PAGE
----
In years past, coming to the defensive side of the ball is when I would start taking shots of paint thinner until I could convince myself that Jordon Dizon and Paris Lenon were legit NFL linebackers. This year I am just going to refresh my cocktail and try to stay realistic. OK, maybe 1 or 2 shots for having remembered Dizon was once a starter.


The obvious strength of the defense, this D-line is one of, if not THE, best in the NFL. The Suh-Nami was defensive rookie of the year, and could be better this year with a healthy KVB. He gets labeled dirty, but I say he just plays hard. Yes, I named numerous fantasy teams the “Suh-Namis” this year, wanna fight about it?

The other DTs are pretty badass as well. Corey Williams more than held his own, and Sammie Lee Hill and Andre Fluellen are quality rotation guys. And they drafted the most dominating collegiate defensive player since, uh, Suh, in Nick Fairley. He has been injured, but when healthy he should clean up next to the House of Spears.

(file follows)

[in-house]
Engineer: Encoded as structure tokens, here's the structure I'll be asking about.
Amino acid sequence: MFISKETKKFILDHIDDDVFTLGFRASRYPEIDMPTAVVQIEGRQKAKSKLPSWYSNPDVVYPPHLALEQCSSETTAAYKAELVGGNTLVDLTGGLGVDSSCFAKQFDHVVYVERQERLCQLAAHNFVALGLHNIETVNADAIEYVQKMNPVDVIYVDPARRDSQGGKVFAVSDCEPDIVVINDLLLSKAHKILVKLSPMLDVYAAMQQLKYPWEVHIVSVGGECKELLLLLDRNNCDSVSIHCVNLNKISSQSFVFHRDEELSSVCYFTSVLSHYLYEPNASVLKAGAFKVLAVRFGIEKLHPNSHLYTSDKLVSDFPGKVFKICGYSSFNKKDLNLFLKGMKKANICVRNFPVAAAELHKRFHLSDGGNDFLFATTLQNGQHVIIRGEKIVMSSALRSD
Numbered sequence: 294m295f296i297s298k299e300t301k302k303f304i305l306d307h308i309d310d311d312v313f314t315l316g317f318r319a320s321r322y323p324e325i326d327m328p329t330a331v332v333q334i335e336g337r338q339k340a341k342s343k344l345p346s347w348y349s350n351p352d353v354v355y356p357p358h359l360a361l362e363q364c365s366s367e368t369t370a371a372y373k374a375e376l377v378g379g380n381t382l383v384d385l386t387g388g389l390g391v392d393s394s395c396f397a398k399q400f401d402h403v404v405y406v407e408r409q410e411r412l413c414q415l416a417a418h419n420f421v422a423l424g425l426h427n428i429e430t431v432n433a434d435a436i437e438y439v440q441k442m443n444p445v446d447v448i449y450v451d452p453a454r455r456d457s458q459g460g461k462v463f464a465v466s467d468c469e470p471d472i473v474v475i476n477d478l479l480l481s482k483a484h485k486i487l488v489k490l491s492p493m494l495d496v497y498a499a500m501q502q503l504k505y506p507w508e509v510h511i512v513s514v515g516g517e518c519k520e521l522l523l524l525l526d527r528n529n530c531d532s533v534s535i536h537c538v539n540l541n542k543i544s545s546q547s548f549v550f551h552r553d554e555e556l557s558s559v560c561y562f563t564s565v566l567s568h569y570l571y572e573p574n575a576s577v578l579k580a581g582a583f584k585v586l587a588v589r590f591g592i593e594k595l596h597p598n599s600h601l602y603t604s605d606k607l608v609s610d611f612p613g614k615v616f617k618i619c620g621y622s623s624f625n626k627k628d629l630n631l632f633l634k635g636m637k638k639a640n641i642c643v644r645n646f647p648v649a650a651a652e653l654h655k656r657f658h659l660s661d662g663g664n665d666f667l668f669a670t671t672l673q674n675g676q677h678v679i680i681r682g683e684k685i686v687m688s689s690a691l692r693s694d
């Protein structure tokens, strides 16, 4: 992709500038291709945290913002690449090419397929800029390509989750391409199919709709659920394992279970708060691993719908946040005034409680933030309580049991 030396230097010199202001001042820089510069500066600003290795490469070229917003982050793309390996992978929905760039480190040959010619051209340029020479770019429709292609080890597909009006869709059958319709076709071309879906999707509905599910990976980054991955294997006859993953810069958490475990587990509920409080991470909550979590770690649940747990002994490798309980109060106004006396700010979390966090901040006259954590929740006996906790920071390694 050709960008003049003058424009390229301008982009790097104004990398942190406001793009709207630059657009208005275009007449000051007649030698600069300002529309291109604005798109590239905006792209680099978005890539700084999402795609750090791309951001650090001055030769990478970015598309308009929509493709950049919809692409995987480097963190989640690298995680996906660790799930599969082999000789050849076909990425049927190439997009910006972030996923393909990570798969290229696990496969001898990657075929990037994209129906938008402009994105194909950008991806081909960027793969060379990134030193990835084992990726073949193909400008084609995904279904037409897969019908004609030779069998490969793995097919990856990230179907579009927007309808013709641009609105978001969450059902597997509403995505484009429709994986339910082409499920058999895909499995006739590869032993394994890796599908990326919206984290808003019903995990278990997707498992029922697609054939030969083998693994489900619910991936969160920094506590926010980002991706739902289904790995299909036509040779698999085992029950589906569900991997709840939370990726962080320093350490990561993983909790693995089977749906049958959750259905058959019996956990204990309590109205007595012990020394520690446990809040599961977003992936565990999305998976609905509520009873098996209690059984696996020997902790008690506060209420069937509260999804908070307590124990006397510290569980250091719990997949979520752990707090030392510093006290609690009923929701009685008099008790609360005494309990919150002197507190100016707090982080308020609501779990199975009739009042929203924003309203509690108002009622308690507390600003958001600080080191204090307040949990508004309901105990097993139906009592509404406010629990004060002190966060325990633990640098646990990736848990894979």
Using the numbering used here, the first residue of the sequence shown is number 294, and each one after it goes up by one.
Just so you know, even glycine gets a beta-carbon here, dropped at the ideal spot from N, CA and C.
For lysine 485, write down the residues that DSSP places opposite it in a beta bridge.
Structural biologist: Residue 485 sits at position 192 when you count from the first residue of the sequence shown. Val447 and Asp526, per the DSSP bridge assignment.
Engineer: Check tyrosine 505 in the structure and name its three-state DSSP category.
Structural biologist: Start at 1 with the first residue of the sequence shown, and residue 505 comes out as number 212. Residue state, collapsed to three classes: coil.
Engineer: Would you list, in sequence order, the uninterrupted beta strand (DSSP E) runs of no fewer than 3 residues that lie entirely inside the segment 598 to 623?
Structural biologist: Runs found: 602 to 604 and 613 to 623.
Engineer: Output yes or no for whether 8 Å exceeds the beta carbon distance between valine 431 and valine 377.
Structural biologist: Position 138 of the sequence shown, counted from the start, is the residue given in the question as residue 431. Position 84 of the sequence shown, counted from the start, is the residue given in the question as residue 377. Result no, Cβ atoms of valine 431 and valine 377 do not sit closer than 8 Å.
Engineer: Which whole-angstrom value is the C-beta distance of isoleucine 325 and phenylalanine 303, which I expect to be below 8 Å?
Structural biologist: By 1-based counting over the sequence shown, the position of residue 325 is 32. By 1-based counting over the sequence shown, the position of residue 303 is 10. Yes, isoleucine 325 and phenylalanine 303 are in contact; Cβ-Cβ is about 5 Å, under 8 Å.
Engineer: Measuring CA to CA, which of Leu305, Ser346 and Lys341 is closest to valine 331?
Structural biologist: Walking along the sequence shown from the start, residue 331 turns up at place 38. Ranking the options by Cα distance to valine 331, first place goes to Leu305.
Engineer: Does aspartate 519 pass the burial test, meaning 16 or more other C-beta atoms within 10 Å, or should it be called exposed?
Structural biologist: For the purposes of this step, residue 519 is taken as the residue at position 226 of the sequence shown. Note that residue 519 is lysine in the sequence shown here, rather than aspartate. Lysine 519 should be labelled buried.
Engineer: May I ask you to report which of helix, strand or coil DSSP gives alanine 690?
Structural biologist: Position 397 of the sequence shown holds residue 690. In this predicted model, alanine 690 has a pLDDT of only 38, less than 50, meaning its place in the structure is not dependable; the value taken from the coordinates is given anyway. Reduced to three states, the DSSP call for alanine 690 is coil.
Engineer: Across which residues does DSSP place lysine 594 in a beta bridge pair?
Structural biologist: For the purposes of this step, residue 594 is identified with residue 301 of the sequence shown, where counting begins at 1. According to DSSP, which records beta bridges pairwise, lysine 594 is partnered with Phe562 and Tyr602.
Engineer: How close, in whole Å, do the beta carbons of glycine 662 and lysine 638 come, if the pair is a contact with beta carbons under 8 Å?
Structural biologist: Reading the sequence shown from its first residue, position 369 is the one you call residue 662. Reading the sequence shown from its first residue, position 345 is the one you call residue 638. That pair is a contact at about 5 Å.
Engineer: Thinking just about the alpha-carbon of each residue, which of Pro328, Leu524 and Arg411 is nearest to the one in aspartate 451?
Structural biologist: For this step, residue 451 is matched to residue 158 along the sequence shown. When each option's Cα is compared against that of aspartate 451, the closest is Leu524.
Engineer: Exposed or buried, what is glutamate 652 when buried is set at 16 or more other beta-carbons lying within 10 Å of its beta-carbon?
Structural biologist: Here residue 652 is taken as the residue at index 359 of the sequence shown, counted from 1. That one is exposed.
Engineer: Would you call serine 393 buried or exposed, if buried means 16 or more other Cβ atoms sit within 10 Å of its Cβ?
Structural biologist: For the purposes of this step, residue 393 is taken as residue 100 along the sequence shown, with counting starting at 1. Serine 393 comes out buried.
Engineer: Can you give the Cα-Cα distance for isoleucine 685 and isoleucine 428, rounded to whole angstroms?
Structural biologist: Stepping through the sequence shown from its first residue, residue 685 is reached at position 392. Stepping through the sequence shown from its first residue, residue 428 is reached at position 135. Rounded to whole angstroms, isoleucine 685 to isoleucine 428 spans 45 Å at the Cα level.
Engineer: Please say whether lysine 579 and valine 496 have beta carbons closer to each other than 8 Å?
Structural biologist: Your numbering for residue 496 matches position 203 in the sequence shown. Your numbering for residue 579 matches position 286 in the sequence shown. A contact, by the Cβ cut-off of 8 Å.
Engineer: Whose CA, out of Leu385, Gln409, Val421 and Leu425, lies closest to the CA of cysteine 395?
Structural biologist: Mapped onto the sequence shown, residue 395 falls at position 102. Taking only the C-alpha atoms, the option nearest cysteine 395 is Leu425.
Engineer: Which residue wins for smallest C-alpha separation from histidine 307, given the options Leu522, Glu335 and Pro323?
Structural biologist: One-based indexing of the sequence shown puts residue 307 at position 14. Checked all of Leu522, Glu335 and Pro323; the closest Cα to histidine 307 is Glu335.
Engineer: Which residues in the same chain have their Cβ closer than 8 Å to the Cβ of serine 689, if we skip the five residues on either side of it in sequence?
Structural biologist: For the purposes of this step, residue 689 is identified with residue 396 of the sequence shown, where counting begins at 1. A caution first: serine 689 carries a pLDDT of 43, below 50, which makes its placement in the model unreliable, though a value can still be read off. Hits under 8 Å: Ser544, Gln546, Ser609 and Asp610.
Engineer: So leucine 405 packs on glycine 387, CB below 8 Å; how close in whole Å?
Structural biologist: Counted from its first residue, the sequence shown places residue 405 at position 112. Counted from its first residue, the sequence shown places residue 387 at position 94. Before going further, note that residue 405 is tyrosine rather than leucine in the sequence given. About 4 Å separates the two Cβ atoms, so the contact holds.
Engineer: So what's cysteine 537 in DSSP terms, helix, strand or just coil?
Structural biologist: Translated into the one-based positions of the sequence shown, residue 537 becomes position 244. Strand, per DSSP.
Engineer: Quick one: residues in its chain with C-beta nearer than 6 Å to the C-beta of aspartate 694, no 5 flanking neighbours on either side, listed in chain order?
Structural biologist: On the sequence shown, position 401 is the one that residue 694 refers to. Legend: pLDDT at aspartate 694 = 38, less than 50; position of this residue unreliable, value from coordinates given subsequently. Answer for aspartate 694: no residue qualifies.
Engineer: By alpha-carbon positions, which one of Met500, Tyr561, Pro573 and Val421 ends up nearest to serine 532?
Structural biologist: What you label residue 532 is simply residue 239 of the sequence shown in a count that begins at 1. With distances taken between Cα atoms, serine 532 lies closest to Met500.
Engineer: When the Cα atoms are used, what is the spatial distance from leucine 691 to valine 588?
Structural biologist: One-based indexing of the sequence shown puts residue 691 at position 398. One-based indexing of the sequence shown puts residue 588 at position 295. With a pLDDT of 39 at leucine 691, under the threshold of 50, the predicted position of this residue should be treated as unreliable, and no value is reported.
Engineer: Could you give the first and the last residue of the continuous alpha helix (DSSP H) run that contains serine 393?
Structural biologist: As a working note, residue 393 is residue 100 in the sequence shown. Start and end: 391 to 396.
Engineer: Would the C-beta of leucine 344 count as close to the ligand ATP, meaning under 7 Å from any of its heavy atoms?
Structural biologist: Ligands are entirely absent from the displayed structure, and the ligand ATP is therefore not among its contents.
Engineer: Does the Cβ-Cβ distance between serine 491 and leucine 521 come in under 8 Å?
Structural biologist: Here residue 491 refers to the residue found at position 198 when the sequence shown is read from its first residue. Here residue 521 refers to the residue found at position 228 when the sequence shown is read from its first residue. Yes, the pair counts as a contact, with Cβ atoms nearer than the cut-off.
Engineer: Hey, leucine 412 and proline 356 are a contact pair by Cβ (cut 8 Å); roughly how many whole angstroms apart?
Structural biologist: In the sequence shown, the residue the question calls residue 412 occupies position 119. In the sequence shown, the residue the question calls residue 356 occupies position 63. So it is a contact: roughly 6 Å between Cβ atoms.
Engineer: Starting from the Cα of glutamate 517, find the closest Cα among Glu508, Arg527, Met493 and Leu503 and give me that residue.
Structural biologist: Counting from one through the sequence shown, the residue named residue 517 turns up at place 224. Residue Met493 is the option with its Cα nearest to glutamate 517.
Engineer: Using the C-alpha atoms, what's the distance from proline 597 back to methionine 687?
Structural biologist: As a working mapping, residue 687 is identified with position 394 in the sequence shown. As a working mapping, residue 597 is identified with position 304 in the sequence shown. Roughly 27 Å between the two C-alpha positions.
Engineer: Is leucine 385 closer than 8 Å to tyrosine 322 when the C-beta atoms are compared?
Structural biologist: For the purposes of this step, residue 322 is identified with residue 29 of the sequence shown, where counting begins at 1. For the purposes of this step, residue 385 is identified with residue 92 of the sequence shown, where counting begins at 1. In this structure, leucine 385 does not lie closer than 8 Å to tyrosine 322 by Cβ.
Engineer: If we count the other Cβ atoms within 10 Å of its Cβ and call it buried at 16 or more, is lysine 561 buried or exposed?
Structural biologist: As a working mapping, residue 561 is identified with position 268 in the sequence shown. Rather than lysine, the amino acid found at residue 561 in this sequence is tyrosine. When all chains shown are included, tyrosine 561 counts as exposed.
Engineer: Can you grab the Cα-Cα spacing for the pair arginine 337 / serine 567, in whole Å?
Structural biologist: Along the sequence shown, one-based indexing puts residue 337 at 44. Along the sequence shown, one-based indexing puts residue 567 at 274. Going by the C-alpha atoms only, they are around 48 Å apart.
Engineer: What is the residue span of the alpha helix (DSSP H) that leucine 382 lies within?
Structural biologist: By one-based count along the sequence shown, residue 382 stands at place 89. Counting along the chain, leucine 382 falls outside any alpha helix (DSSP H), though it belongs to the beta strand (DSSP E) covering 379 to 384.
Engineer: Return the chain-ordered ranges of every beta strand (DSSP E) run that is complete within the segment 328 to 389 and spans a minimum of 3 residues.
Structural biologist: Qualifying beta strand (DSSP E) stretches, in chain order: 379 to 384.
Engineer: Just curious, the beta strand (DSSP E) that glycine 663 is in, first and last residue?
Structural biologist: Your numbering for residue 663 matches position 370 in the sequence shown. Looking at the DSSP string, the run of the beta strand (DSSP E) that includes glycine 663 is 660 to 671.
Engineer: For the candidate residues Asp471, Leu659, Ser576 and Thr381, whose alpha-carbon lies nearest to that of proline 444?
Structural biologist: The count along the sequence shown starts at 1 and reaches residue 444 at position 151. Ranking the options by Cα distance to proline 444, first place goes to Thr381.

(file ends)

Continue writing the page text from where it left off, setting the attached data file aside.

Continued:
The Des should also reap the benefits of Suh, but it is dependent on Kyle Vanden Bosch’s health. He can be a playmaker when he isn’t double teamed, and the tackles should ensure that he isn’t. He’s getting older, but is far from done. (Fingers crossed)

Cliff Avril had 8.5 sacks last year, and should be able to improve on that with better linebacker and DB play. He has really emerged as a pass rusher, and should hit double-digit sacks this year.

Lawrence Jackson was a steal after he was waived by Seattle, and Willie Young adds depth.



This is the most revamped unit on the team, and with that comes a Hallelujah. Julian Peterson was a bust in his time here. He put up good stats, but was constantly out of position, and had some bad penalties. He is no longer here.

The holdovers from last year are DeAndre Levy, who looked like the player he was drafted to be. He was out of position playing MLB last year, and luckily will no longer be there. He will move to the weak side, and can hopefully put some pressure on the QB.

Bobby Carpenter, Ashlee Palmer, and Isaiah Ekejiuba (yes, I had to look it up….thrice), are also back, and should be special teamers/depth guys who won’t kill you. I like Bobby Carpenter, and seeing as he’s a former Buckeye, that is high praise.

Now here’s where most of my personal optimism comes. The Lions signed two starting linebackers. One is Justin Durant, formerly of the Jaguars. He will start on the strong-side, and will be solid. That is nice to say.